As a woman working in a STEM industry, I find myself thinking about issues of representation constantly. Why are women being overlooked for executive opportunities? How do we create a pipeline of women for the future of this industry? And I’ve come to the conclusion that if there is one thing that women must do to encourage more women to pursue careers in STEM fields, it’s this: Mentor them.
It is through the concerted efforts of about half a dozen mentors that I have made it from Arkansas to MIT, through raising a kid during grad school and now, to being a CEO.
During my hardest times in grad school, I used to call a former senior lab mate whenever I felt like giving up. I first met him when I was an undergraduate researcher in our group at the MIT Media Lab. In my phone, he is listed as “Department of Motivation,” because his perspective is what helped re-frame everything I was going through and give me enough ‘oomph’ to keep pushing. After I finished, I immediately went to work for him in San Francisco. I found a mentor early on, but not everyone has that experience.
This is why every employed or technically trained woman has a responsibility to engage with every young woman who crosses her path. You might be wondering why I’m calling on women to do this, and not men. And it’s not that I don’t believe men should be doing this, too—my own mentor was a man. But I believe that in true moments in which I wanted to quit, what would have helped me more than anything was to see other women in the rooms I was in. Other women who were making it work.
What I’ve realized is that the path to changing female representation is very much about being a physical presence in the STEM world. We need to show young women that we exist, that we are here for support and that they are of value, regardless of the path they choose. We need to listen to women and build closer connections between women in disparate fields, because the majority of women in STEM fields have no internal support systems at their jobs — as I’ve experienced many times, there might not even be another woman on their team. There are far too many young women out there who have simply never seen or met a woman who owns or runs a business, is a technician or does research.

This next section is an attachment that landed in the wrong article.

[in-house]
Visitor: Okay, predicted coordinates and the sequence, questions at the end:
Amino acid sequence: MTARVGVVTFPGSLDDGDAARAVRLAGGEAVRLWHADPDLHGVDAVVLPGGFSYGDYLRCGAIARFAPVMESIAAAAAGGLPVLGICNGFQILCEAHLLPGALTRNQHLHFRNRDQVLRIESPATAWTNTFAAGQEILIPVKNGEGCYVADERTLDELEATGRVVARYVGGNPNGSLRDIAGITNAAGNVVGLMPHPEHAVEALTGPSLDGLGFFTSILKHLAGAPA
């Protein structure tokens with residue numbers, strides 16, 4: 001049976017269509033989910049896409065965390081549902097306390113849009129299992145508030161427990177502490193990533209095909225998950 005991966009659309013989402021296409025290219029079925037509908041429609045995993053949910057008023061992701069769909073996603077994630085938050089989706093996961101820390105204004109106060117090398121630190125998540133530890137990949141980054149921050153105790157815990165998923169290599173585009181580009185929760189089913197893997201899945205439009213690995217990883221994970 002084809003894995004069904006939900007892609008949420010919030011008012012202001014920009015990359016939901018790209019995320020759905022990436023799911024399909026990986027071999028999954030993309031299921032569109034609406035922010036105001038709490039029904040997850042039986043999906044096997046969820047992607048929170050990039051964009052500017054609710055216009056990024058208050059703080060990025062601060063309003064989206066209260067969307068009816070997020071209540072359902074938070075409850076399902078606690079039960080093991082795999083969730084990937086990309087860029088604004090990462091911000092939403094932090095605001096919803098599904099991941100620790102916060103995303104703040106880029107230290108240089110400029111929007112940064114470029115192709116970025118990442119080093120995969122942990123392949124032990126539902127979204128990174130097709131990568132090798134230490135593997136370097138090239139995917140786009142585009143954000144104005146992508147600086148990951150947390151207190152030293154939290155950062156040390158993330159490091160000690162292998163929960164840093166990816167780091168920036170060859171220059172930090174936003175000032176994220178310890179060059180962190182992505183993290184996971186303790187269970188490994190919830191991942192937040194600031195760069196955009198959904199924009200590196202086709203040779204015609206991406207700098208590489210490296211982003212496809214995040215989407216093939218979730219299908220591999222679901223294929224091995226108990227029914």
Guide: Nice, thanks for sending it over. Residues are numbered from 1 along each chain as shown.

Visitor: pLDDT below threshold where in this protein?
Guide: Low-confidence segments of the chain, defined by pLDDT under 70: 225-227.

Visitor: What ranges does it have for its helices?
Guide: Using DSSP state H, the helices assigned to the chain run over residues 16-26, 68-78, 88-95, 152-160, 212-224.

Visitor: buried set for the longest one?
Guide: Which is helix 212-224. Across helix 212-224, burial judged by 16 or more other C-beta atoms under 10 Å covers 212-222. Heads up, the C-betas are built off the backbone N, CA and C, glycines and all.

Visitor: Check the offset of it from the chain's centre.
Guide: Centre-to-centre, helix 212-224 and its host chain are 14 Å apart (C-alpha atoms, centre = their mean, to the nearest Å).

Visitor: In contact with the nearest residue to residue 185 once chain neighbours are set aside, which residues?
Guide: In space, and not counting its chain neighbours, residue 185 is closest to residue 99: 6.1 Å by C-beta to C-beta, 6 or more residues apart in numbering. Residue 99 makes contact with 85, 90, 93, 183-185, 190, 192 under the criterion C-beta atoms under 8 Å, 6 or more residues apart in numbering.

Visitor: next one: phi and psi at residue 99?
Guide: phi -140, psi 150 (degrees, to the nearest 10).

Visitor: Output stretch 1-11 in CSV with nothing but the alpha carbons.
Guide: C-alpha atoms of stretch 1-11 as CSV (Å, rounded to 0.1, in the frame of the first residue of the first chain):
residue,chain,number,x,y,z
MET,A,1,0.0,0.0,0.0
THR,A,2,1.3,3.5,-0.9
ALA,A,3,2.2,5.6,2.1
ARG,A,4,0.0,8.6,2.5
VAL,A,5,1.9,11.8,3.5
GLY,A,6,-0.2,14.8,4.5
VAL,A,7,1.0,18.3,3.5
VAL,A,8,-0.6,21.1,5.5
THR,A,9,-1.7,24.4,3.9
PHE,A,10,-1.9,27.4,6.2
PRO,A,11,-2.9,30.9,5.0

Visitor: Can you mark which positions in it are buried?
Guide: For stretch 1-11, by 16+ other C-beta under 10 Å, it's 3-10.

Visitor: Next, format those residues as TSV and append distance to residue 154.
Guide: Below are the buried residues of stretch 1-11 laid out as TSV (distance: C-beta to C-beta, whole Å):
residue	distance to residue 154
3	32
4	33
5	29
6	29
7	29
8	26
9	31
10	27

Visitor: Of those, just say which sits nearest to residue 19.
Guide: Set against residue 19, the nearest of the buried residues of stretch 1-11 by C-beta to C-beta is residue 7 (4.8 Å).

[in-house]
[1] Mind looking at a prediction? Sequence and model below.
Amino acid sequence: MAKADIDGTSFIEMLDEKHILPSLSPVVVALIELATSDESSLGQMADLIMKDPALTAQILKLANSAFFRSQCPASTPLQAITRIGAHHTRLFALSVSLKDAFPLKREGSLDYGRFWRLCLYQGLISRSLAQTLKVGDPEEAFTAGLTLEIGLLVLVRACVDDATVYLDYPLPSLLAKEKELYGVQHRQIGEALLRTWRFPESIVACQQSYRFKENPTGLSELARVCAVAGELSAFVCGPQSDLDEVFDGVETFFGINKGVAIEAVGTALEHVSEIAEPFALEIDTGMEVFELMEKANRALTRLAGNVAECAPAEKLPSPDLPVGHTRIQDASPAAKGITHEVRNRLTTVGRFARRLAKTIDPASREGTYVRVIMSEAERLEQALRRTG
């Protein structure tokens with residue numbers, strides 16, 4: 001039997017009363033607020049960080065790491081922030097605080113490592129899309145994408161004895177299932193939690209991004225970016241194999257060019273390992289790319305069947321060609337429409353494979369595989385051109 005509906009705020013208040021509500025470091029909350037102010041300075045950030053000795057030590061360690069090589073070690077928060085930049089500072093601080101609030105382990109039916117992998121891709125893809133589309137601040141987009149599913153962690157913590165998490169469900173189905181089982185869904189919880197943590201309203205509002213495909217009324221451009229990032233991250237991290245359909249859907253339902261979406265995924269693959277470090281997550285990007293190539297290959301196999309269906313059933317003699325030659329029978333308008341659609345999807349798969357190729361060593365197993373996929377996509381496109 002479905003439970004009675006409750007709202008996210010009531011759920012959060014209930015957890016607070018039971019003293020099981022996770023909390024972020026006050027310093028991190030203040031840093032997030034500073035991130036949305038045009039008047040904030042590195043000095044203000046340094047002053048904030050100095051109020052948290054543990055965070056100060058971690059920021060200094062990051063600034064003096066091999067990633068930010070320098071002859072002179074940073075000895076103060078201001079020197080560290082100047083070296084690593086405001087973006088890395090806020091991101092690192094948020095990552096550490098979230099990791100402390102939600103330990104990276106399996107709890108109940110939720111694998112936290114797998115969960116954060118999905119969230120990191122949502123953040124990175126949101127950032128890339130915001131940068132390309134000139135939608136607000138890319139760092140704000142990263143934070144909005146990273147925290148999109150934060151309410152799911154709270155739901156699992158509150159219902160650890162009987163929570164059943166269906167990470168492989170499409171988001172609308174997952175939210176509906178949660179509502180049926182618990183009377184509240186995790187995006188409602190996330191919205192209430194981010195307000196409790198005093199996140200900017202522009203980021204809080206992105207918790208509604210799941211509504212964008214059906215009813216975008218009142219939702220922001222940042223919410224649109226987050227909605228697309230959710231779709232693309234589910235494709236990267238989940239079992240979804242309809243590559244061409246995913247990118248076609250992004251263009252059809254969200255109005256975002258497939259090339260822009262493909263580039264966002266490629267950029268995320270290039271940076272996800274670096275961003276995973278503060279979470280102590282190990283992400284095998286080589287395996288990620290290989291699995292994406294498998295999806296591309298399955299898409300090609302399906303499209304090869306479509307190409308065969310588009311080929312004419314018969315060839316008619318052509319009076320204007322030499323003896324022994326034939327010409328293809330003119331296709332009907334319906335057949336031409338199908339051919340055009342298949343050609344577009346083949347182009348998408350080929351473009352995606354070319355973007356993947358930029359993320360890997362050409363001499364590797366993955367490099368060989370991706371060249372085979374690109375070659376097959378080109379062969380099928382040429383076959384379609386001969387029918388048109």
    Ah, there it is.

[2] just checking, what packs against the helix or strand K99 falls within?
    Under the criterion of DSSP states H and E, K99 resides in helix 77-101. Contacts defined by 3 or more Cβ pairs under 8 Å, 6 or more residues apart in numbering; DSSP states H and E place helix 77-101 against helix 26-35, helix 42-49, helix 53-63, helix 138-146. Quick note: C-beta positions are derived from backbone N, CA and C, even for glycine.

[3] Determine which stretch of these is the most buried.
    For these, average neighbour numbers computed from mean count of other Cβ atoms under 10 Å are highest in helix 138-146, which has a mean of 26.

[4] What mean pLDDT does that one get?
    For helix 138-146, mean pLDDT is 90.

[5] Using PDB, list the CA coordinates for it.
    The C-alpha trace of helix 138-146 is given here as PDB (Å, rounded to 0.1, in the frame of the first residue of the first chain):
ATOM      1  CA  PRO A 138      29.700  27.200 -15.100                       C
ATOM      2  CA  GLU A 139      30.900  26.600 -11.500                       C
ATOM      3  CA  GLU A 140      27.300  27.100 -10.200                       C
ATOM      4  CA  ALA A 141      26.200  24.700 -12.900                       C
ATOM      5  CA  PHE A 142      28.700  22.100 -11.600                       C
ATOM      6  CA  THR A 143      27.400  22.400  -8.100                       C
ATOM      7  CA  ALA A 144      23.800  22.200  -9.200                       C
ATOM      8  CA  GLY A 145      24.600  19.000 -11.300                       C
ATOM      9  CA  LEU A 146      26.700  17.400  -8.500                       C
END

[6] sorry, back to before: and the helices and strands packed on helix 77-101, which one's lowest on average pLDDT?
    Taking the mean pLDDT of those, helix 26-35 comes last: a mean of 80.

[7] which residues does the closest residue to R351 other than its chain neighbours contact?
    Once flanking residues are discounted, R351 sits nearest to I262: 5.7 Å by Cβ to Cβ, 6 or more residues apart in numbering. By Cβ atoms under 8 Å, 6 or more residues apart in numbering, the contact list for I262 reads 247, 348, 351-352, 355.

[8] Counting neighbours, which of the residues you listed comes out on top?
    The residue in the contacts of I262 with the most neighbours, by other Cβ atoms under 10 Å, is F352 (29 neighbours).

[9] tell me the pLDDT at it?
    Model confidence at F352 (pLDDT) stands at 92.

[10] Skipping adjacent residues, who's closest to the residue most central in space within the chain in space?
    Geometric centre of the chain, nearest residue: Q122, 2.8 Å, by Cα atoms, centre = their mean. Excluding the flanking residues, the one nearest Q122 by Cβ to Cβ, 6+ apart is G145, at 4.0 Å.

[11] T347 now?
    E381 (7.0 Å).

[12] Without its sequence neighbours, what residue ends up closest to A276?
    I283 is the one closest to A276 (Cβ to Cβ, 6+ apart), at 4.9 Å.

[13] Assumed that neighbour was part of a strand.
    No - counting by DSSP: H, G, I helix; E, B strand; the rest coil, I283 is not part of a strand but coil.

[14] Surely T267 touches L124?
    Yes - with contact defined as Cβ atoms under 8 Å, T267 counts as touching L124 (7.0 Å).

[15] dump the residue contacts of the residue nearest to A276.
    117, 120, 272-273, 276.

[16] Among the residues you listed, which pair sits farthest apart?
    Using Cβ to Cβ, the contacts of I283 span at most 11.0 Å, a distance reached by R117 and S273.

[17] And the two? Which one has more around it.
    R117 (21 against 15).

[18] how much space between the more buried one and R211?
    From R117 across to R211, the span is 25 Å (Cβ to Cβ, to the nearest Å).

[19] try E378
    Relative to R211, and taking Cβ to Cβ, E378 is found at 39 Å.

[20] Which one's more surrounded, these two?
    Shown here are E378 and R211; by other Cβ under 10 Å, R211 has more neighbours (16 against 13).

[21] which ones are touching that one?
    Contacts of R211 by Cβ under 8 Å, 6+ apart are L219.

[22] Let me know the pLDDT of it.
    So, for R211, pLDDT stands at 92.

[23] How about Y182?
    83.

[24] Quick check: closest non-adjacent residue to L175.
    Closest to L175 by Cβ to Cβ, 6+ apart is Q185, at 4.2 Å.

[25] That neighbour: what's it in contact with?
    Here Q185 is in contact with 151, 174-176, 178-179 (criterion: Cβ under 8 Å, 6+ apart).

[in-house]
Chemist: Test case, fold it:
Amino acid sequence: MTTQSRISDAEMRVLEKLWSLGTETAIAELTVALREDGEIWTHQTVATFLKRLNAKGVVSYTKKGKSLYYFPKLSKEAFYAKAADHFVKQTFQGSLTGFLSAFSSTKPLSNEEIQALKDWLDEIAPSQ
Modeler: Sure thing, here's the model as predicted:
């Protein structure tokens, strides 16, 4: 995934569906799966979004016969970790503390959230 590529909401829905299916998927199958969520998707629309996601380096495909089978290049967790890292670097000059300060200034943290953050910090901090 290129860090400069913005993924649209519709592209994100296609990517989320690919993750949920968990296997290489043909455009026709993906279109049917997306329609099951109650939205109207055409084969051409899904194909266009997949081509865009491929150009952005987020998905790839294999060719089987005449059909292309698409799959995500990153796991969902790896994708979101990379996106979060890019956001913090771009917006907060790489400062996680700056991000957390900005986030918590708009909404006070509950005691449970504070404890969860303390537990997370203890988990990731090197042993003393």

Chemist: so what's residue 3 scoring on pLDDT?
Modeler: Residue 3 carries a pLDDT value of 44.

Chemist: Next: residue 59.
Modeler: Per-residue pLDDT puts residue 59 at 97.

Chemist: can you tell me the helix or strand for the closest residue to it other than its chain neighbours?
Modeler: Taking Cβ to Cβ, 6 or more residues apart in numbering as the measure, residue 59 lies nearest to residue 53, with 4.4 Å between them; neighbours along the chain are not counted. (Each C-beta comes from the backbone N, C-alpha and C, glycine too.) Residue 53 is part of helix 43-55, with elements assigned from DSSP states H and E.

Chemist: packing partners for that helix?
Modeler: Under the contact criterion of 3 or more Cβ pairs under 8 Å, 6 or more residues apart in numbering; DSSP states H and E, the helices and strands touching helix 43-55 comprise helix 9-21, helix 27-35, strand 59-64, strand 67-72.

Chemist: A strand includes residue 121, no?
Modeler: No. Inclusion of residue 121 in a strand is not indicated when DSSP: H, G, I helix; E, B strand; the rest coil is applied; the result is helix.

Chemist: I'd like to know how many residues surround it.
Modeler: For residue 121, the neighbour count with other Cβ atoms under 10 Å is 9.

What’s the solution? Be a face with a name and clear values. There is such a small percentage of women in STEM that we need to completely saturate the media every chance we get. If we continue to be hidden, we cannot inspire and we cannot change the tide. After I stopped hiding behind the lab bench and started talking publicly about my perspective as a woman engineer, I realized that I had something important to say. I got better at communicating my thoughts and advocating for people in my department. I was able to get more done, and be seen as not only a scientist, but as a leader.
When you make a pact to share your story and share your time with other women, you will find that you get as much value out of it as they do. When it comes time to hire or start a new company, you will have your finger on the pulse of a strong talent pool. When it comes time to vet ideas for new products and services, you have access to the perspective of a generation other than your own. It wasn’t until my 30s that I had a female mentor, which meant that there were a handful of men who made it a point to step out of their comfort zone and support a young woman. I’d like to believe that I have helped them, too — pushing them on their hiring, their language, and their biases — and I’ve been thrilled to see them mentoring more and more women in tech and reaping the benefits.
As a potential mentor, go ahead and take the first step. Reach out to a talented woman you met at a conference or meet-up or whose work you saw online and learn more about her. Find out if you can be of any assistance to her. If we all did this, we could accomplish a lot more and create an incredible support network in a very short period of time.
If you are a woman who wants more support or would like a mentor, don’t be shy: reach out to someone you know and ask for some of their time. Even if they decline, it will be good practice as you build your career. It may seem like a small step to take toward such a momentous goal, but one small step can go a long way.
Danielle Applestone is the CEO of Berkeley-based manufacturing tech startup Other Machine Co.
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